U.S. wireless carrier Verizon has reportedly taken the California beach town of Capitola to court over what it called an “onerous and intrusive regulatory scheme” that effectively bans the installation of new wireless infrastructure.
According to Courthouse News, Verizon’s efforts to expand coverage in the area have been stymied by the city’s restrictive regulations surrounding wireless communication facilities.
In question is Capitola’s ordinance 17:98, which, among other things, specifies wireless infrastructure is prohibited within five hundred feet of residential areas, parks or public facilities. Exceptions to the 500-foot rule only grant an extra 200 feet of wiggle room for telco companies, meaning no infrastructure can be built within 300 feet of a residential structure.
The ordinance also specifies preferred antenna siting and mounting techniques.
“The ordinance is so restrictive that it effectively bars new wireless facilities in most of the city, even if they have no significant visual or other impacts,” Verizon said in its complaint.
In court documents, Verizon argued many of the specifications are “insignificant” from a land-use perspective and were impeding a “significant” upgrade for Verizon customers in the area. The carrier further charged the ordinance violates federal laws by interfering in the federal government’s regulation of wireless telecommunications technology.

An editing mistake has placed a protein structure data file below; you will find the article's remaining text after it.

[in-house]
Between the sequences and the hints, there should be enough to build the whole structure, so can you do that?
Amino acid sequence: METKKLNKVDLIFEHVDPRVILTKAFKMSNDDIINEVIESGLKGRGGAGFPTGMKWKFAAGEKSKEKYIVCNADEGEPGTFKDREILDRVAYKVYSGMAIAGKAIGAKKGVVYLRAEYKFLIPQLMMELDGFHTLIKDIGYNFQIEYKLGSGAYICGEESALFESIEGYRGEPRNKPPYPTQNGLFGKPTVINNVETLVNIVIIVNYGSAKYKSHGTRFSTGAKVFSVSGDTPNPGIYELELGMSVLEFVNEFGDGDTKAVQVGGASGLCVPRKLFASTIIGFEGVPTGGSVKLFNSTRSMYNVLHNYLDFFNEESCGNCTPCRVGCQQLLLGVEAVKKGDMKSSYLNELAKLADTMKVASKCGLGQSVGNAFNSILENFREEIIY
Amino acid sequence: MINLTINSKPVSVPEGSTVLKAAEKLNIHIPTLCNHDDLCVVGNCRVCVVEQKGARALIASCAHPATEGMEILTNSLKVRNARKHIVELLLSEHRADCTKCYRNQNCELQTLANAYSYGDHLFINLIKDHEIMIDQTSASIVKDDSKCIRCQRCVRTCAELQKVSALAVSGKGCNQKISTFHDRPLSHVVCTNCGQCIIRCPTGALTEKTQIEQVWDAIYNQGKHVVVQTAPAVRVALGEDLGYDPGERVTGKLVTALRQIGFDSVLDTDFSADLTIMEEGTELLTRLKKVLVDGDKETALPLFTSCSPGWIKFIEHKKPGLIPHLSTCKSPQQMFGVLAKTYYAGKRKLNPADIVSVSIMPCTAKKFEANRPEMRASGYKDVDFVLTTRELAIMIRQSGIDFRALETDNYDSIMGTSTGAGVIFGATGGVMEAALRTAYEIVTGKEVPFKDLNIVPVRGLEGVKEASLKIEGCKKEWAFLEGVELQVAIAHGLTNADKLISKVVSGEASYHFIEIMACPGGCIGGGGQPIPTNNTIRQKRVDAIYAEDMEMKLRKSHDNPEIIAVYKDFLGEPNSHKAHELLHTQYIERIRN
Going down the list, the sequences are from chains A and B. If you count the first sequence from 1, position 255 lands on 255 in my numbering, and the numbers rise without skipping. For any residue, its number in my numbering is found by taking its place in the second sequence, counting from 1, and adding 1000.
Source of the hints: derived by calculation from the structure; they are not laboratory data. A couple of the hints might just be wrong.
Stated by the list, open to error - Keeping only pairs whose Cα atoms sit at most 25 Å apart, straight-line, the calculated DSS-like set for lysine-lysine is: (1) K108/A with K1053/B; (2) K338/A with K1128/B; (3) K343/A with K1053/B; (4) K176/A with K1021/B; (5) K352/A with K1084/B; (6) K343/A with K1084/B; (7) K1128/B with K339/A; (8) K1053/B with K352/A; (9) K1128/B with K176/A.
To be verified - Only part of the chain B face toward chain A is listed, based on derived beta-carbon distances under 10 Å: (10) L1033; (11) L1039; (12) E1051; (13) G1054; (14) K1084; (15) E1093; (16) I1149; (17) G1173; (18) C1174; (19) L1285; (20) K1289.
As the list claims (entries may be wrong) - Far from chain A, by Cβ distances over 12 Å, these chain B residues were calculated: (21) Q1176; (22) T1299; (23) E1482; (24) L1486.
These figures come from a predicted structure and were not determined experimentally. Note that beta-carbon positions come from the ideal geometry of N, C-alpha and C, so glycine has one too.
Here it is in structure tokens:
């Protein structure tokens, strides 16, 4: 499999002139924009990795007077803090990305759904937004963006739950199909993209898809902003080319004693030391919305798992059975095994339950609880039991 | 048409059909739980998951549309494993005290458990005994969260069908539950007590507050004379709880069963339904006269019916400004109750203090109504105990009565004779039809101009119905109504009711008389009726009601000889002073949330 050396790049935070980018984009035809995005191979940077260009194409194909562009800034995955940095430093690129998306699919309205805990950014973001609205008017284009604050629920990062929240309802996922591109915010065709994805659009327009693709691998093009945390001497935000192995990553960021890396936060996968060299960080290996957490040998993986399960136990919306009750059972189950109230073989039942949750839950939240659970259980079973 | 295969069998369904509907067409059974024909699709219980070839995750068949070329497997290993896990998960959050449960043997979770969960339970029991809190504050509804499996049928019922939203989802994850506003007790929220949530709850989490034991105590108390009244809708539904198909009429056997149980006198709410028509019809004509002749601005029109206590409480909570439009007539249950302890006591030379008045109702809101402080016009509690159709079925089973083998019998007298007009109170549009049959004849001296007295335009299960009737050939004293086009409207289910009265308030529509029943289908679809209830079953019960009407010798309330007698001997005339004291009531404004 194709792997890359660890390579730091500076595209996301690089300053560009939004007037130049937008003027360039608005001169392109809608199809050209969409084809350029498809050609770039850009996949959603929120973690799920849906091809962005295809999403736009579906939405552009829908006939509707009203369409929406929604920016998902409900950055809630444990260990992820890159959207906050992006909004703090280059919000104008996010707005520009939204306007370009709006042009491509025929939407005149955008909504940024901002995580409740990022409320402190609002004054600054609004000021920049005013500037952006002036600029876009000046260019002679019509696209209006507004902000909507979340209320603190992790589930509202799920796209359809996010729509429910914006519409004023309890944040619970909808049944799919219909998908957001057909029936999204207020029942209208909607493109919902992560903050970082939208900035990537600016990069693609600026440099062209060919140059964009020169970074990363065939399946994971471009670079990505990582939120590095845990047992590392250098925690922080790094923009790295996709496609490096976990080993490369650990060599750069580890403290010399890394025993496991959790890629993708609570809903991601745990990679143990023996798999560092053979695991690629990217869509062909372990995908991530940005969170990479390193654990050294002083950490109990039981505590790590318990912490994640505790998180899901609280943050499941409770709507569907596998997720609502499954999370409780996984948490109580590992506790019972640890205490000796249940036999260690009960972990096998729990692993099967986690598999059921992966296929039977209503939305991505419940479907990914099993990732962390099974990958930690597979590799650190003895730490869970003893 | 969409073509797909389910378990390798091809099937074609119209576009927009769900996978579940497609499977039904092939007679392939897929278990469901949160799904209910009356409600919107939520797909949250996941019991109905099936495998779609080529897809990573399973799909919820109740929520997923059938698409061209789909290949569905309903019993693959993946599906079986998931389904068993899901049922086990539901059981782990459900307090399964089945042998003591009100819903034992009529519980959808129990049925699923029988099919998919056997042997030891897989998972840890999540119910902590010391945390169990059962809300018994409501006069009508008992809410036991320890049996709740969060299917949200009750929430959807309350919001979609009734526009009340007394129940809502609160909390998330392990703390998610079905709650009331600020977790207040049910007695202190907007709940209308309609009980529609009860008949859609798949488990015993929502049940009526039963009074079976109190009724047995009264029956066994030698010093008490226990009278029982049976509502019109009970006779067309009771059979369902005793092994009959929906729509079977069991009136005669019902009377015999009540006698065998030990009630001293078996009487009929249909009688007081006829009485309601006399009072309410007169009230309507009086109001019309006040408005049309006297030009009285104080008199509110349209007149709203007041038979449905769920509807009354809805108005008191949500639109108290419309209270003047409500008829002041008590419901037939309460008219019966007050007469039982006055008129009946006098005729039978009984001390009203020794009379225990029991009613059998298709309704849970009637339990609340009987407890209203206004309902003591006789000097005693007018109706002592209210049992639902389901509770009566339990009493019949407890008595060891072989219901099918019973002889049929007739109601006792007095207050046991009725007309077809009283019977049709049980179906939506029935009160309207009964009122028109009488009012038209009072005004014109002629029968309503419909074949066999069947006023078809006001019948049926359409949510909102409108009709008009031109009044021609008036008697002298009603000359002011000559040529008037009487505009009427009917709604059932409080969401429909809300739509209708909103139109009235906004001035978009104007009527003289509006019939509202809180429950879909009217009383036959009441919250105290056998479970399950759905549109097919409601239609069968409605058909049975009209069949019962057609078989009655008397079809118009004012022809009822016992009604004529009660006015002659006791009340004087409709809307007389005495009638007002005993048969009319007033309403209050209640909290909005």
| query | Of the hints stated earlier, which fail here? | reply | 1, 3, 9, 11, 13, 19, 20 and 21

The complaint follow’s Capitola’s rejection of a permit request submitted by Verizon in July 2015. The application, which sought permission to build a tower within 240 feet of a residence, was rejected after six months in the city council’s hands on the grounds it violated the requirements of ordinance 17:98.
Verizon has asked the United States District Court of Northern California to declare Capitola’s ordinance is prevented by federal law and the U.S. Constitution. The carrier is also seeking a permanent ban on enforcement of the ordinance.
But Verizon better hope the court overturns the entire ordinance rather than just striking down part of it.
Capitola’s ordinance 17:98 contains a clause at the end that would exempt the remainder of the chapter from any rulings striking down only a section or portion of the ordinance.
“If any section or portion of this chapter is found to be invalid by a court of competent jurisdiction, such finding shall not affect the validity of the remainder of the chapter, which shall continue in full force and effect,” the ordinance reads.
Filed Under: Infrastructure